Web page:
Yesterday The Guardian published an article I wrote about the recent media coverage regarding Pinochet”s death- and lack of any mention of Guatemala – despite the similarities. I referred specifically to The Guardian”s coverage- but I think you could include pretty much all the media and their coverage of Pinochet”s legacy.
The similarities between the legal issues presented by Pinochet and Rios Montt are numerous. Both were military dictators who came to power in their respective Latin American countries as the result of a coup d”etat. Both were products of the cold war, enjoying US support in exchange for ruthlessly repressing any real or perceived threat of communism. Both have been accused of being the architects of widespread human rights abuses.
The case against Pinochet involved more than 3,000 deaths and disappearances at the hands of the security forces. During the 1960-96 conflict in Guatemala, as documented by a UN commission, some 200,000 people, predominantly Mayan, died or disappeared. At the height of the bloodshed under Rios Montt, reports put the number of killings and disappearances at more than 3,000 per month. Such was the extent of the violence that in 1999 the UN commission concluded that it constituted acts of genocide.
Just as in Chile, the fight for justice for the victims of Guatemalan state repression has been long and hard. And the significance of the Pinochet and Rios Montt cases is not only in the judgment reached by the House of Lords or Spanish authorities; it”s in the bravery of the people who”ve worked, often for years and at personal risk to themselves, collecting the evidence and testifying to establish cases that will stand up in court.
Living in Guatemala for many years, I learned how important it is to be able to support and accompany witnesses in the case against Rios Montt. Press exposure of threats and intimidation can act as a vital deterrent, yet with many actors shunning the limelight for good reason, the human stories behind the headline-grabbing legal milestones all too often go untold.
In December 1999, in the wake of Pinochet”s arrest in London, Nobel prize winner Rigoberta Menchu and a group of Spanish and Guatemalan NGOs filed a suit in the Spanish national court against several senior Guatemalan officials, including Rios Montt. The defendants were accused of terrorism, genocide and systematic torture.
In a momentous decision in September 2005, the Spanish constitutional court ruled that Spain had to observe the principles of “universal jurisdiction” for certain crimes. So Spanish courts had jurisdiction over crimes of international importance – such as torture, crimes against humanity and genocide – regardless of the nationality of the victims and perpetrators. An extradition warrant for the arrest of Rios Montt was submitted the following month, and the Guatemalan constitutional court is currently considering the request.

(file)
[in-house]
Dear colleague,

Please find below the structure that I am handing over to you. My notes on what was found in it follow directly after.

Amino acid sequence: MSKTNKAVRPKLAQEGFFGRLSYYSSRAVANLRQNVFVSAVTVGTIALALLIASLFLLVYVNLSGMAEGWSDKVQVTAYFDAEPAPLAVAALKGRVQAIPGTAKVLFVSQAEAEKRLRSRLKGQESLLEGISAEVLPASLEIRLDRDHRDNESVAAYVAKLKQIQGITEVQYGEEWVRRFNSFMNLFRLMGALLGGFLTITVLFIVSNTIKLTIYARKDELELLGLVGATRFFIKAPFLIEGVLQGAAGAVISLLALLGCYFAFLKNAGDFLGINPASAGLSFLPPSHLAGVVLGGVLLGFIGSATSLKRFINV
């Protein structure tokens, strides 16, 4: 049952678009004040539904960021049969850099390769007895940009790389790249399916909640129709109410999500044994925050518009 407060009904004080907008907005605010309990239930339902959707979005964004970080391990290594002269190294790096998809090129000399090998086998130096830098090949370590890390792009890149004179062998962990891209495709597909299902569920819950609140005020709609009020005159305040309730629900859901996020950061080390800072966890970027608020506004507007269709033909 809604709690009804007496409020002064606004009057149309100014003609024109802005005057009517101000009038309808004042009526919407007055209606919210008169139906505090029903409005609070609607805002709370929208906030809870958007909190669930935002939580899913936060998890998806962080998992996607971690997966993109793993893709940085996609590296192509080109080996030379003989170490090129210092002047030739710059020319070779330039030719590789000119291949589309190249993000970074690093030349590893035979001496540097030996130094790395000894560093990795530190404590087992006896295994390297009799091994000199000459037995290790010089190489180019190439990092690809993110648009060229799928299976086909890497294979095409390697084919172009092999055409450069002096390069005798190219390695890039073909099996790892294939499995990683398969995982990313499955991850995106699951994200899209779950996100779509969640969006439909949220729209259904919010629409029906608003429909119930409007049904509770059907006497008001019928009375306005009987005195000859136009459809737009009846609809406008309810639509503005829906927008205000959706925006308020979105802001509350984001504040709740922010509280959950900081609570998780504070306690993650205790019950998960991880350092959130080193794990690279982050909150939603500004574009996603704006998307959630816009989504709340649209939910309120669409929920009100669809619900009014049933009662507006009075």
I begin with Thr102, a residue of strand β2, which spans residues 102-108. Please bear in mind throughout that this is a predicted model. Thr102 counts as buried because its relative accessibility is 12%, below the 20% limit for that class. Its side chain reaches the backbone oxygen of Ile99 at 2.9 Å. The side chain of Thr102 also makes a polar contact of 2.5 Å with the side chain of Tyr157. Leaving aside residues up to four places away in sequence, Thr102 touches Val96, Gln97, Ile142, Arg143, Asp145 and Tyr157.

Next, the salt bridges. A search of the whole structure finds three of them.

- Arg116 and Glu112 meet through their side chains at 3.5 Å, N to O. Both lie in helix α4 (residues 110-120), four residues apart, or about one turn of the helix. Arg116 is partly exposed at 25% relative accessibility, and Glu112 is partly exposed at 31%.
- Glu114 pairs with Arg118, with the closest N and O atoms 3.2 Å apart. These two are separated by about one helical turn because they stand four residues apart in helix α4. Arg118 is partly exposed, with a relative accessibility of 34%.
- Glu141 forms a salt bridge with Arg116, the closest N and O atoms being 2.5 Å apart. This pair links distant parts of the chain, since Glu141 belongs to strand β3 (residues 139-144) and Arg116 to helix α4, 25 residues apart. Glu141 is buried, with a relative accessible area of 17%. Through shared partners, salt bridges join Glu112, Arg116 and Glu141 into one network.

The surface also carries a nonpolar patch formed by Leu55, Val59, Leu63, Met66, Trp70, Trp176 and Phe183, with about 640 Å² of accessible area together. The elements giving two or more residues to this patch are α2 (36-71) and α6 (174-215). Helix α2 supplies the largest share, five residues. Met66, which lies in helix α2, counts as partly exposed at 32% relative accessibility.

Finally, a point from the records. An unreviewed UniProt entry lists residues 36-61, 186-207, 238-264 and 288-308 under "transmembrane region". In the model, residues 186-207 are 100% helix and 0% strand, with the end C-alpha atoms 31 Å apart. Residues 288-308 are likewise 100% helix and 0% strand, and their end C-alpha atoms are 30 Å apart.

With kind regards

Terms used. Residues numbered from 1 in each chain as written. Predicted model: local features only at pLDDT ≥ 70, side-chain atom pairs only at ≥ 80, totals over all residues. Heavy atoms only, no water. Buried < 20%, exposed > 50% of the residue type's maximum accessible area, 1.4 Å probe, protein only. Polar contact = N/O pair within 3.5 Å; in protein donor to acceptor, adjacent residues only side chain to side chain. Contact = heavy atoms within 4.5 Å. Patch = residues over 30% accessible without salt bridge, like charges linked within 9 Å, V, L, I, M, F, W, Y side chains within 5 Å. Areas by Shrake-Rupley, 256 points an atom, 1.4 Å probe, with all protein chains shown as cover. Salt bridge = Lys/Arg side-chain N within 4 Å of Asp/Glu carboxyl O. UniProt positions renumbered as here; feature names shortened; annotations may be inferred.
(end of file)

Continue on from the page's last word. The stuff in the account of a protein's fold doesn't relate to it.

Just as Pinochet did, Rios Montt faces possible extradition to Spain. Perhaps, though, the parallels between the two men are about to end. Pinochet at 91 died before facing sentencing; Rios Montt at 80 might yet face a judge and jury.”
Rooting around on different media networks- it was interesting that Lord Lamont (Norman Lamont former Chancellor of the Exchequer) in his “defense” of Pinochet refered to Guatemala:
Niall Ferguson in the Sunday Telegraph (17-12-2006) expands on this variant of the Pinochet apology brigade- in a way that Lamont would probably sympathise with. The tired argument goes something like: Pinochet, Rios Montt are better because they”re our “sonsofbitches” not theirs (communist).
The Guardian has also published (16-12-2006) an article “The time expiring for dirty war prosecutors” which discusses the legal cases across Latin America that have been discussed or developed against state-sponsored repression. It refers to the situation in Guatemala in passing:
“And in Guatemala, where the army and police killed 93 percent of the 200,000 people who died in the 1960-1996 civil war, the peace accords meant only a few dozen low-level soldiers stood trial.”
The issue of the fate of Rios Montt in the light of the death of Pinochet has sparked interesting discussions on a number of blogs. One of the largest and most exhaustive was this one on the Daily Kos where Meteor Blades was kind enough to cite my above article.
In Guatemala, the Guatemalan Human Rights Commission reported the following reactions to the death of Pinochet:
Aura Elena Farfan, de la asociacion Familiares de Detenidos-Desaparecidos de Guatemala (FAMDEGUA) expreso que, “esperamos que Guatemala si pueda juzgar a los responsables de tantas masacres; que no pase como ahora con Pinochet, que se murio sin que fuera juzgado por sus crimenes”, afirmo.
Helen Mack, de la Fundacion Myrna Mack senalo que del lado humano se lamenta la muerte de cualquiera, pero Pinochet se murio con una deuda con la justicia.
Por su lado, Jose Eugenio Garavito, del antiguo Movimiento de Liberacion Nacional, lamento la muerte de Pinochet, pues tuvo una lucha incansable para combatir el comunismo. “Nos duele profundamente su padecimiento, y externamos el pesame a las fuerzas armadas chilenas”, apunto.”